U.S. intelligence says “catastrophic motor failure” of rocket launched by Palestinian militants caused hospital blast
U.S. intelligence officials said Tuesday that they used signals intercepts, multiple video sources, photographs and geolocation technologies to arrive at a “high confidence” assessment that Israeli munitions were not the source of theat Gaza’s Al-Ahli hospital last week, laying out new details about an incident that has inflamed tensions across the Middle East.
Instead, officials said, the explosion was likely caused by a rocket launched by Palestinian militants that suffered from “catastrophic motor failure,” which split off and then propelled the weapon’s warhead into the hospital compound.
Analysts concluded with low confidence, based on signals intercepts, that thewas responsible for the launch. The officials who described the analysis spoke on a condition of anonymity to describe sensitive information.
The intercepts involved Hamas militants speculating about who had launched the weapon, officials said.
“We can’t confirm who they are. We can’t confirm that what they are discussing in the intercept actually took place,” an American intelligence official said.
The officials detailed two reasons for their more conclusive judgment that Israeli forces were not responsible for the Oct. 17 explosion. First, they said, the light structural damage caused to the hospital was consistent with a rocket and “inconsistent with the larger craters and broader blast effects” that are associated with air-dropped munitions or artillery rounds.
Secondly, they said multiple flight videos of the launch indicated that the rocket was launched from within the Gaza strip and traveled northeast. Within seconds of its launch, officials said the “fluctuating intensity” of the rocket’s plume suggested an unstable motor combustion, which was followed by one object hitting the ground, and was soon followed by a second.
“Our conclusion is that there was a catastrophic motor failure that likely occurred, which separated the motor and the warhead,” one of the officials said. “The warhead landed in the hospital compound, and that was the second explosion, and a much bigger one.”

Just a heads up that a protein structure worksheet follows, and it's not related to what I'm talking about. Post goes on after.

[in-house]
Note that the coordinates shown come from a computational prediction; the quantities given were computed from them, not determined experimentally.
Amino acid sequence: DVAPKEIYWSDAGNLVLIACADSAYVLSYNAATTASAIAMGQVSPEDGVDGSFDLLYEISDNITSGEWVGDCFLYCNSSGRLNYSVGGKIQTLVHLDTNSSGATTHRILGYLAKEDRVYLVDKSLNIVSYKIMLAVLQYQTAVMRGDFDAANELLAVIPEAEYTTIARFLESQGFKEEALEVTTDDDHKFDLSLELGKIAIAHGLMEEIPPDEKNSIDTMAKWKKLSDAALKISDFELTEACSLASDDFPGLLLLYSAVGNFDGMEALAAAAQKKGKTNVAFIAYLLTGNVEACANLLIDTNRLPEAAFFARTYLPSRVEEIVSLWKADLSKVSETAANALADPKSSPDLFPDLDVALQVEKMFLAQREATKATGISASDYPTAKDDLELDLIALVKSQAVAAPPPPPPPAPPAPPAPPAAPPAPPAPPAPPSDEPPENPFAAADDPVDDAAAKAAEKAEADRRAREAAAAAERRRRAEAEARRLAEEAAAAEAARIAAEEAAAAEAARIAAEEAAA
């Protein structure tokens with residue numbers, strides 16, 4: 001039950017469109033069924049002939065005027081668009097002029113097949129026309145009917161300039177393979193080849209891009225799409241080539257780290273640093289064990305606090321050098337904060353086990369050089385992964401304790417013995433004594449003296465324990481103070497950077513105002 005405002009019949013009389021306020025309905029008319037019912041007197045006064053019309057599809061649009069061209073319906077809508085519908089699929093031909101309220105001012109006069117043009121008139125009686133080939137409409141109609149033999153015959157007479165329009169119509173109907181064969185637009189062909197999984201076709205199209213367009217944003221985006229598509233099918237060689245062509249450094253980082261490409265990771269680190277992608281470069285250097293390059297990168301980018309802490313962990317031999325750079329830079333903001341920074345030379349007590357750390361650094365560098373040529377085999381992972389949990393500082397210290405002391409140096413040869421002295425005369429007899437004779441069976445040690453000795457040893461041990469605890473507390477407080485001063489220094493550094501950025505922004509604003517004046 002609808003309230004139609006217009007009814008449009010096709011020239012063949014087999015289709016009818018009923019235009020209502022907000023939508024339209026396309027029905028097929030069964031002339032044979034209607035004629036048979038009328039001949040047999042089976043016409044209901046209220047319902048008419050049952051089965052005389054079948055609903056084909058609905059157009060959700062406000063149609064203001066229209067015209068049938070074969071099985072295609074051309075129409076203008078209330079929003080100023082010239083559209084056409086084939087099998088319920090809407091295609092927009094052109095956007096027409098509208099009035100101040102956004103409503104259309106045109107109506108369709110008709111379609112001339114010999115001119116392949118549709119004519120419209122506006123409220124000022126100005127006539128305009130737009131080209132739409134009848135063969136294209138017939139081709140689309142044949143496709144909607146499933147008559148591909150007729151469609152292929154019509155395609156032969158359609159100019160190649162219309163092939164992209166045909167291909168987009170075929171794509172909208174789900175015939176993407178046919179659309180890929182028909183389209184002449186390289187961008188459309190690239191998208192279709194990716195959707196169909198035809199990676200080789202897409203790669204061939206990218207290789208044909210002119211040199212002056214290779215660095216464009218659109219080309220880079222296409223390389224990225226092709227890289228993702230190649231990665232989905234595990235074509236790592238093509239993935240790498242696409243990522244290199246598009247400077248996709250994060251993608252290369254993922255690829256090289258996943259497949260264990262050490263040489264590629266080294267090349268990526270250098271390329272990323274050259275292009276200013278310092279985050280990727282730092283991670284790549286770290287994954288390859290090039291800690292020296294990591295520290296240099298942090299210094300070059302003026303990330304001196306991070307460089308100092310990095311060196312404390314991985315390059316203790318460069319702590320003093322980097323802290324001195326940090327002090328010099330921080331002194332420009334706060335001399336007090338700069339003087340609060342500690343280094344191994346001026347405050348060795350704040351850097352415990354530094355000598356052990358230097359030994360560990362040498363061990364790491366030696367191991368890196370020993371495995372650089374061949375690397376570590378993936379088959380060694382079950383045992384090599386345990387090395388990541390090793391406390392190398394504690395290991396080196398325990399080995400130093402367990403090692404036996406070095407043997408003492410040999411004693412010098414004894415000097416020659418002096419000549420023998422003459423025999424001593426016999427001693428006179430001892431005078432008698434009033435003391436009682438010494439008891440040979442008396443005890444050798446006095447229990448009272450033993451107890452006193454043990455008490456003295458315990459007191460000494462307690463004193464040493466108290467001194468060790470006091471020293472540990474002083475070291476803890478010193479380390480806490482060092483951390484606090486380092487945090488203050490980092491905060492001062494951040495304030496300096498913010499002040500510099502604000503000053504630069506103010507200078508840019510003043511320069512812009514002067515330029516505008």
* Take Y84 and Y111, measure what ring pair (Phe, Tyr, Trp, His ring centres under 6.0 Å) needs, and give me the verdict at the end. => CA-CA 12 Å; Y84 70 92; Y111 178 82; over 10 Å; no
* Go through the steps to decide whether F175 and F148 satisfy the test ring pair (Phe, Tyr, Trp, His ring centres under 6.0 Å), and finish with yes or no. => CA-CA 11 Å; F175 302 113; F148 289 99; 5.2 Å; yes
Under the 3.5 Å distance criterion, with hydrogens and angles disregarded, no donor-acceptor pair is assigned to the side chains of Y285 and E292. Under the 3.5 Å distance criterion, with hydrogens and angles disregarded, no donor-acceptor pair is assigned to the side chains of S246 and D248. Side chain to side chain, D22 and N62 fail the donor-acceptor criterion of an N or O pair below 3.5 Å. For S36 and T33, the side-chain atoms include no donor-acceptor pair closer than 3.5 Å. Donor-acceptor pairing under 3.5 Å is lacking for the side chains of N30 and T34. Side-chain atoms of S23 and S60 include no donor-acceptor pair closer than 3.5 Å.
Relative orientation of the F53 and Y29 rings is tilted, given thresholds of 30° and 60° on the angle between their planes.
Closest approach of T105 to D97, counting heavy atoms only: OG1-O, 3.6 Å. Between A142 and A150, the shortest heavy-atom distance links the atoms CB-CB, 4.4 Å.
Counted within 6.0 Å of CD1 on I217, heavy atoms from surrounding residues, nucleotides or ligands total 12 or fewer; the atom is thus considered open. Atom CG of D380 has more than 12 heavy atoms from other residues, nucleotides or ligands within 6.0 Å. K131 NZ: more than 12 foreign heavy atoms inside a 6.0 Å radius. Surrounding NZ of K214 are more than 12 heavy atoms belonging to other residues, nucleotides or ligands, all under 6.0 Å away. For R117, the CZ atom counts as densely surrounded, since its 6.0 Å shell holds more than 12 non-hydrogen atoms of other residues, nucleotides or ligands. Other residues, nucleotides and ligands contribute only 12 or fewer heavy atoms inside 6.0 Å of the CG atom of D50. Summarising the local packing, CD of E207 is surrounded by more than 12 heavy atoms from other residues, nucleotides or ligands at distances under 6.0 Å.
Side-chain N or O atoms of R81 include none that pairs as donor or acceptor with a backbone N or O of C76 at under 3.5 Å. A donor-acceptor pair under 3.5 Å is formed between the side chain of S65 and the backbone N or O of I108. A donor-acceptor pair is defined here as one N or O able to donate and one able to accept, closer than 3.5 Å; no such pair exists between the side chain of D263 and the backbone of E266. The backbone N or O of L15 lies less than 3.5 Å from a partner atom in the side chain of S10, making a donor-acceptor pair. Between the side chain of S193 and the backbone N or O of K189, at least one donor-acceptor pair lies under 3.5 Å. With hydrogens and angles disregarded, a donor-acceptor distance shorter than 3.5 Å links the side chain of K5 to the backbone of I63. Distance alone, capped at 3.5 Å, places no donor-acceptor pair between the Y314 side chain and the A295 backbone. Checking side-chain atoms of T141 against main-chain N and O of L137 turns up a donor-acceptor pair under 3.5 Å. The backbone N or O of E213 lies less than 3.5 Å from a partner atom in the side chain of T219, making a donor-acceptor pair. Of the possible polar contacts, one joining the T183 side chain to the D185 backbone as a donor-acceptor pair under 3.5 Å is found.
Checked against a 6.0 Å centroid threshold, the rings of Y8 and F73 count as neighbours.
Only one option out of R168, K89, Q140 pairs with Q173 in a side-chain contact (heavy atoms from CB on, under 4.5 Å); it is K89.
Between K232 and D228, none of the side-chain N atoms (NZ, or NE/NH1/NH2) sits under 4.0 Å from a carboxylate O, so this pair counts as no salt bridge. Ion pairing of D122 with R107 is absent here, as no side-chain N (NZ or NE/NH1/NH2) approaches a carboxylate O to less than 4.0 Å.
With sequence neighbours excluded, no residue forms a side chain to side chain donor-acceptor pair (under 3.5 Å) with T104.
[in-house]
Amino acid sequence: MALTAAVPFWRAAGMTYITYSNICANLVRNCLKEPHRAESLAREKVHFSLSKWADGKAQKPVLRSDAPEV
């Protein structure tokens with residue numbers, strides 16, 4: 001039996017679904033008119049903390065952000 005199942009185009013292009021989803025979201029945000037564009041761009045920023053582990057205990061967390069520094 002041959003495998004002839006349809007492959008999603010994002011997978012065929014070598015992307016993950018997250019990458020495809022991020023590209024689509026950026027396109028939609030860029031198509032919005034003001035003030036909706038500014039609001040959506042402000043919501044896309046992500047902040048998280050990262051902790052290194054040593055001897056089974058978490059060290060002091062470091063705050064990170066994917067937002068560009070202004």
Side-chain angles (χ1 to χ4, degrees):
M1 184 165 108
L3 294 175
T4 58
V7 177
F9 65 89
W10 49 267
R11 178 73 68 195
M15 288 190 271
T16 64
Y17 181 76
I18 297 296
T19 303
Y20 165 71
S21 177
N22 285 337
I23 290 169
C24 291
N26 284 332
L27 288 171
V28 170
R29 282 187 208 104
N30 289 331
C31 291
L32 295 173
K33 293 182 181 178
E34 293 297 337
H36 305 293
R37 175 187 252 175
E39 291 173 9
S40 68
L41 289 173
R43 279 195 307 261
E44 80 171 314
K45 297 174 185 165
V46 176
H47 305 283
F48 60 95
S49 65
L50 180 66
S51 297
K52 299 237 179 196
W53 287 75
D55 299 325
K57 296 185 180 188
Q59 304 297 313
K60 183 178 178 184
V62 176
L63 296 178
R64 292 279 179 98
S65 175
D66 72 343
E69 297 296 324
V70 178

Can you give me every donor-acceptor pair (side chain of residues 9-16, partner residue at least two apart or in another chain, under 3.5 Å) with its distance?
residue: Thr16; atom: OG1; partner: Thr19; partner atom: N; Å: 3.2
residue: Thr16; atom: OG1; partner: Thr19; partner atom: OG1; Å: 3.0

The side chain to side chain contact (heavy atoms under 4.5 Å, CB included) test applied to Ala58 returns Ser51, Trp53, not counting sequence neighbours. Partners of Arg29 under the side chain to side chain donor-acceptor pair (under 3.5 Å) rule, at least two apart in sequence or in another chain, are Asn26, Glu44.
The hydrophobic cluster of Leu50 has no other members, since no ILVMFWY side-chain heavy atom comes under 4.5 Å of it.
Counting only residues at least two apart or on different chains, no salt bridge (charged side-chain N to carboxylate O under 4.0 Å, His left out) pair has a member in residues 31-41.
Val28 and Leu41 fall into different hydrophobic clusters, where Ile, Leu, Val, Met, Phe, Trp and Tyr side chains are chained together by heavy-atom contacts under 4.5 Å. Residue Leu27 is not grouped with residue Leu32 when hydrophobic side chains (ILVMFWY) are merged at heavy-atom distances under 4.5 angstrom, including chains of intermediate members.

There was no update to an initial, low-confidence assessment by U.S. agencies that the blast resulted in 100 to 300 casualties, a count lower than what Hamas has claimed.
“It’s very hard to get a good sense for what went on, especially with the fog of war,” one official said.
The officials said the failure rate for domestically produced rockets in Gaza was “pretty high.”
“[T]his does fit within a longstanding, years-long pattern, in terms of rocket performance,” one official added. There was “no indication” that the hospital was an intended target of the militants, he said.
The officials said intelligence analysts had reviewed open-source images and videos of any debris from the blast that could have come from Israeli munitions, as Palestinian forces have claimed, but had found no supporting evidence. They also said analysts had ruled out that any kind of Iron Dome interceptor caused the breakup.
“We are confident that the video that we analyzed shows a rocket coming out of Gaza, suffering a catastrophic failure and then landing back in Gaza, not having been intercepted by Iron Dome,” one official said.
The officials said the intelligence community could not rule out that new information could come to light to change their assessment.
A senior intelligence official who took part in Tuesday’s briefing also said that intelligence agencies’ independent visibility into extremist activities in Gaza was “limited.”
“Over time, what we’ve relied on is increasingly our Israeli partners to share with us insight into what’s going on,” he said.
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